Mumbai’s Marine Police all at sea
By Ganesh N - MUMBAI
Published: 25th Nov 2012 12:25:25 PM
In February 2010, 14 months after the Ajmal Kasab and company landed on the Mumbai shores to unleash carnage, the then Chief Minister Ashok Chavan admitted that the seas were still vulnerable to terrorist attack. So he proposed a dedicated Marine Police Wing to monitor the 124-km coastline of Mumbai. Eight months after Chavan’s ambitious call, the then Chief of the Western Naval Command Vice-Admiral Sanjeev Bhasin too had emphasised the same. “The police have been told to set up a dedicated marine wing with artificers, divers, engineers, etc. They must hire people who retire from navy or Coast Guard.”
The Maharashtra Government has still not learned a lesson from the 26/11 terrorist attack as lack of political will and bureaucratic lethargy have made a mockery of the dedicated Marine Police Wing that had been initially mooted.
The government’s response to set up a dedicated marine police was knee jerk as it randomly assembled officers and personnel, purchased and hired boats, announced and set up new police stations without even the structure in place to create the marine police. Such combinations were destined for disasters. Sample this: In August 2010, Constable Ramesh More (45) lost his life after he fell off the boat during patrolling. It turned out that More did not know swimming and neither his other associates who were with him during the tragedy. A year earlier in 2009, a police boat carrying four policemen, a fisherman, four operators unable to navigate the rough seas ran aground near the Bandra-Worli Sea Link and had to be rescued by Coast Guard helicopter.
As the need was felt for round-the-clock patrolling in the shallow waters up to five nautical miles from the shores, the east and west coasts are patrolled by leased trawlers on 12-hour basis. On board are three police personnel, led by a sub-inspector, who are together armed with a SLR and in some cases AK-47. However, the most disturbing fact is that at any given time on one side of the coasts there is only one trawler that is on patrol unlike the Coast Guard and the Indian Navy that prowl the seas in groups. The advantage of patrolling in groups is that there would be help always at hand during an emergency. “The night time patrolling in rough seas is a policeman’s worst nightmare come true. The policeman who are trained for terrestrial policing are in no condition to keep a watch on bouncy vessels. They just wait to get their feet back on dry land,” said a senior officer deployed in the Marine Police. The policemen on being deployed with the marine police are given a month’s training by the Coast Guard in which merely one week is spent on the boat during day time. Besides, the Indian Navy imparts training which is theoretical.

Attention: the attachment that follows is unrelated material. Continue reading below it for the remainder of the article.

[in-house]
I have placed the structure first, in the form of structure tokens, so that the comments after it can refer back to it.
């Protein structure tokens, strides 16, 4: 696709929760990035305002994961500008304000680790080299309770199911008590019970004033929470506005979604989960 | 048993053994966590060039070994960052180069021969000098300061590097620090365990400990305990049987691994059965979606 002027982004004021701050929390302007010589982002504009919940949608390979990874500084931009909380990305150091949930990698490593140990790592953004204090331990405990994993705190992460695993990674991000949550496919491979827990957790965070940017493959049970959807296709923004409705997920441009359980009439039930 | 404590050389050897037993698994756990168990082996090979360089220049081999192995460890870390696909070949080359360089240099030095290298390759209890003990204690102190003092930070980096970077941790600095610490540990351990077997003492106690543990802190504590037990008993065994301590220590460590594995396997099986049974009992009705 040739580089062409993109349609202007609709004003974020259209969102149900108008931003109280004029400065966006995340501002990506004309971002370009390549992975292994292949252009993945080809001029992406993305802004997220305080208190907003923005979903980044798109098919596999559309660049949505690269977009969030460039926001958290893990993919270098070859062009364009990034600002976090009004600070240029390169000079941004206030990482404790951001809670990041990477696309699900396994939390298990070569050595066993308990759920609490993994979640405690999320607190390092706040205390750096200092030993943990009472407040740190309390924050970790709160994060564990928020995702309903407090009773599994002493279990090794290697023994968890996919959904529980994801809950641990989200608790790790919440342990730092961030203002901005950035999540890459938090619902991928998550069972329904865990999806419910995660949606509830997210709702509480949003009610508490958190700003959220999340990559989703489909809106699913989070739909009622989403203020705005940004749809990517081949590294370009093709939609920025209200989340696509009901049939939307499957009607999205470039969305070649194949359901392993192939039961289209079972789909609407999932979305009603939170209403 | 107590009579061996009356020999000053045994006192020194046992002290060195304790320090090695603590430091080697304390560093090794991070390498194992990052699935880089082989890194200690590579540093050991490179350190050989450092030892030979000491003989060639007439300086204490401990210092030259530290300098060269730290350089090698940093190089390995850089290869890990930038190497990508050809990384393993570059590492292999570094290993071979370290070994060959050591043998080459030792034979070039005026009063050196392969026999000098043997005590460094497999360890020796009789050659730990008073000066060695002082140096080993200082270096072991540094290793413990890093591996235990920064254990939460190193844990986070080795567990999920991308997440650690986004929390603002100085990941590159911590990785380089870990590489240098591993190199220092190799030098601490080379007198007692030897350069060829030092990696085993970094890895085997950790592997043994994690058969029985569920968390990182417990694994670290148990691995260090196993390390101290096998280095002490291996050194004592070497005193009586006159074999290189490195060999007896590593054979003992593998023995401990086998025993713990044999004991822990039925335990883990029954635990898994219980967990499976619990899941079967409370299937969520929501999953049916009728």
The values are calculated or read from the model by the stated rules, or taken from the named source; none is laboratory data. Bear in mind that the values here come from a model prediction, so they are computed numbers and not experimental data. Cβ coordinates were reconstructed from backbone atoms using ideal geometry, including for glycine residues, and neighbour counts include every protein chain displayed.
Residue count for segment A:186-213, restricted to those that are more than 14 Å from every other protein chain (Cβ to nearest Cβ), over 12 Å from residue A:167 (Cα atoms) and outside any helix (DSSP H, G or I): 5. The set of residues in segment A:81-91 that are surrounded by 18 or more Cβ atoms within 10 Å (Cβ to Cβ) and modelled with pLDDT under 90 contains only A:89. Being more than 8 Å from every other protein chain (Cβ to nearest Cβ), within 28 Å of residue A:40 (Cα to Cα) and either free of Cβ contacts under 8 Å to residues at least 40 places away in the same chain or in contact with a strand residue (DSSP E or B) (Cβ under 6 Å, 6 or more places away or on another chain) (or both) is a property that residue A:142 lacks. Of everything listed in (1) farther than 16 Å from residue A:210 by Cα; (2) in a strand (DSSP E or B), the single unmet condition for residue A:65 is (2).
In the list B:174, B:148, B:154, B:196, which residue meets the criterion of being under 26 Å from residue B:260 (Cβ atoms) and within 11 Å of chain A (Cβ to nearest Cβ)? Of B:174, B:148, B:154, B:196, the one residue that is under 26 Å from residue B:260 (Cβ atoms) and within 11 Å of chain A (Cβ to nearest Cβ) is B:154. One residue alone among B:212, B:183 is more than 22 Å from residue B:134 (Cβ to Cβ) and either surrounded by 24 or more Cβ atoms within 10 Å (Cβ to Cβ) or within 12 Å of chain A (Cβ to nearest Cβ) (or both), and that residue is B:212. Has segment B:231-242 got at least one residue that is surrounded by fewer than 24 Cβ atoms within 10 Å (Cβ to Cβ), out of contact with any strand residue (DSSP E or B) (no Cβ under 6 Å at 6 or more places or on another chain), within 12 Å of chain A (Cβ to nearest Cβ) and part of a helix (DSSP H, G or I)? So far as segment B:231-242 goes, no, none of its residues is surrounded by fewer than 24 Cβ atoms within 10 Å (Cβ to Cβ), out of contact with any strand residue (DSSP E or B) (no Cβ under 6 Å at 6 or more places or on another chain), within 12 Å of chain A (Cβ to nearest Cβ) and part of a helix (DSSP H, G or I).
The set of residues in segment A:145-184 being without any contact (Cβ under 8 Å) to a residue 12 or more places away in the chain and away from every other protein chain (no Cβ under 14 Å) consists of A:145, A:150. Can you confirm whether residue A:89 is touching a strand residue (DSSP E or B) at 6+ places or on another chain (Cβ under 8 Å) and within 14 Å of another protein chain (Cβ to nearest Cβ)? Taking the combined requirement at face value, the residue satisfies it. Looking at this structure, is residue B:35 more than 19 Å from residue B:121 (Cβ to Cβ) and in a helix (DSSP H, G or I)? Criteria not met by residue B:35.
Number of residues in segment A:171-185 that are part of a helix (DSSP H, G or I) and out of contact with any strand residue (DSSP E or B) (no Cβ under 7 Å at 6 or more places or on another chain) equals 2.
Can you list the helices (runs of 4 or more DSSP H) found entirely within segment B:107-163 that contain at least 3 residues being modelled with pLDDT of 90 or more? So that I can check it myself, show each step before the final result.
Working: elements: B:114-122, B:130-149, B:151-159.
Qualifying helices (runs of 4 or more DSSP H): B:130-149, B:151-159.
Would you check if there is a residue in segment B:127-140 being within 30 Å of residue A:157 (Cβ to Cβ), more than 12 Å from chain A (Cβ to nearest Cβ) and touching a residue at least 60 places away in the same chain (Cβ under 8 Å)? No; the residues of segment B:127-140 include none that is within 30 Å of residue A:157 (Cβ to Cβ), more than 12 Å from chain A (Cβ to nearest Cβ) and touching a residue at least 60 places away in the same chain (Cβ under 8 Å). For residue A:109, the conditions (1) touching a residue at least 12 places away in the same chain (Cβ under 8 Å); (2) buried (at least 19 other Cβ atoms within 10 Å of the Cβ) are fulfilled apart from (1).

“The eastern shores being backwaters are comparatively easier for patrolling. However, the western side is different altogether with rough seas and heavy currents. It is too much to expect from the policemen to fire a weapon in the choppy seas on vessels that do not have gun mount,” said the police officer. He added that only policemen who are not able to resist the posting to the marine police are being dumped here. This means that they try to seek a transfer at the first available opportunity such as on health grounds or completion of their tenure. Thus the training and experience gained by the police personnel and officers come to naught when they are replaced during transfers.
The scenario is gloomy even on the infrastructure front. Sagari Police station that had been created after 26/11 to patrol the west shores does not have its own office. According to deputy commissioner of police (port zone) Tanaji Ghadge, the land has been acquired near Mahim and all that remains is construct a structure.
The state home department procured boats worth crores of rupees. However, due to lack of proper maintenance, the boats are lying idle or performing far below their specification. For instance, the dinghy speed boat purchased for Rs 3 crore initially boasted a speed of 50 nautical miles; now it gives a maximum speed of five nautical miles. The fibre boats also make so much noise that discreet and stealthy patrolling is not possible. The 29 bullet proof speedboats purchased at a cost of Rs 150 crore failed to withstand the bullets during tests. The four Amphibian Sealegs, which are speedboats with wheels, are too giving frequent problems. “The boats are being maintained by the police motor transport department where buses, trucks and other road vehicles are repaired. Though the engines are the same in truck and boat, there are several other things in a boat that an engineer or a technician from the motor transport department would not know,” said the police officer.
The Coast Guard, which patrols the seas from five to 200 nautical miles, comes under the Union Ministry of Home Affairs and have their own helicopter for rescue and patrolling. Helicopters seem like a far-fetched thing when marine police lack even their own dedicated jetties and the home department is yet to consider the advantages of having elevated watch towers for the marine police.
- Sunday Standard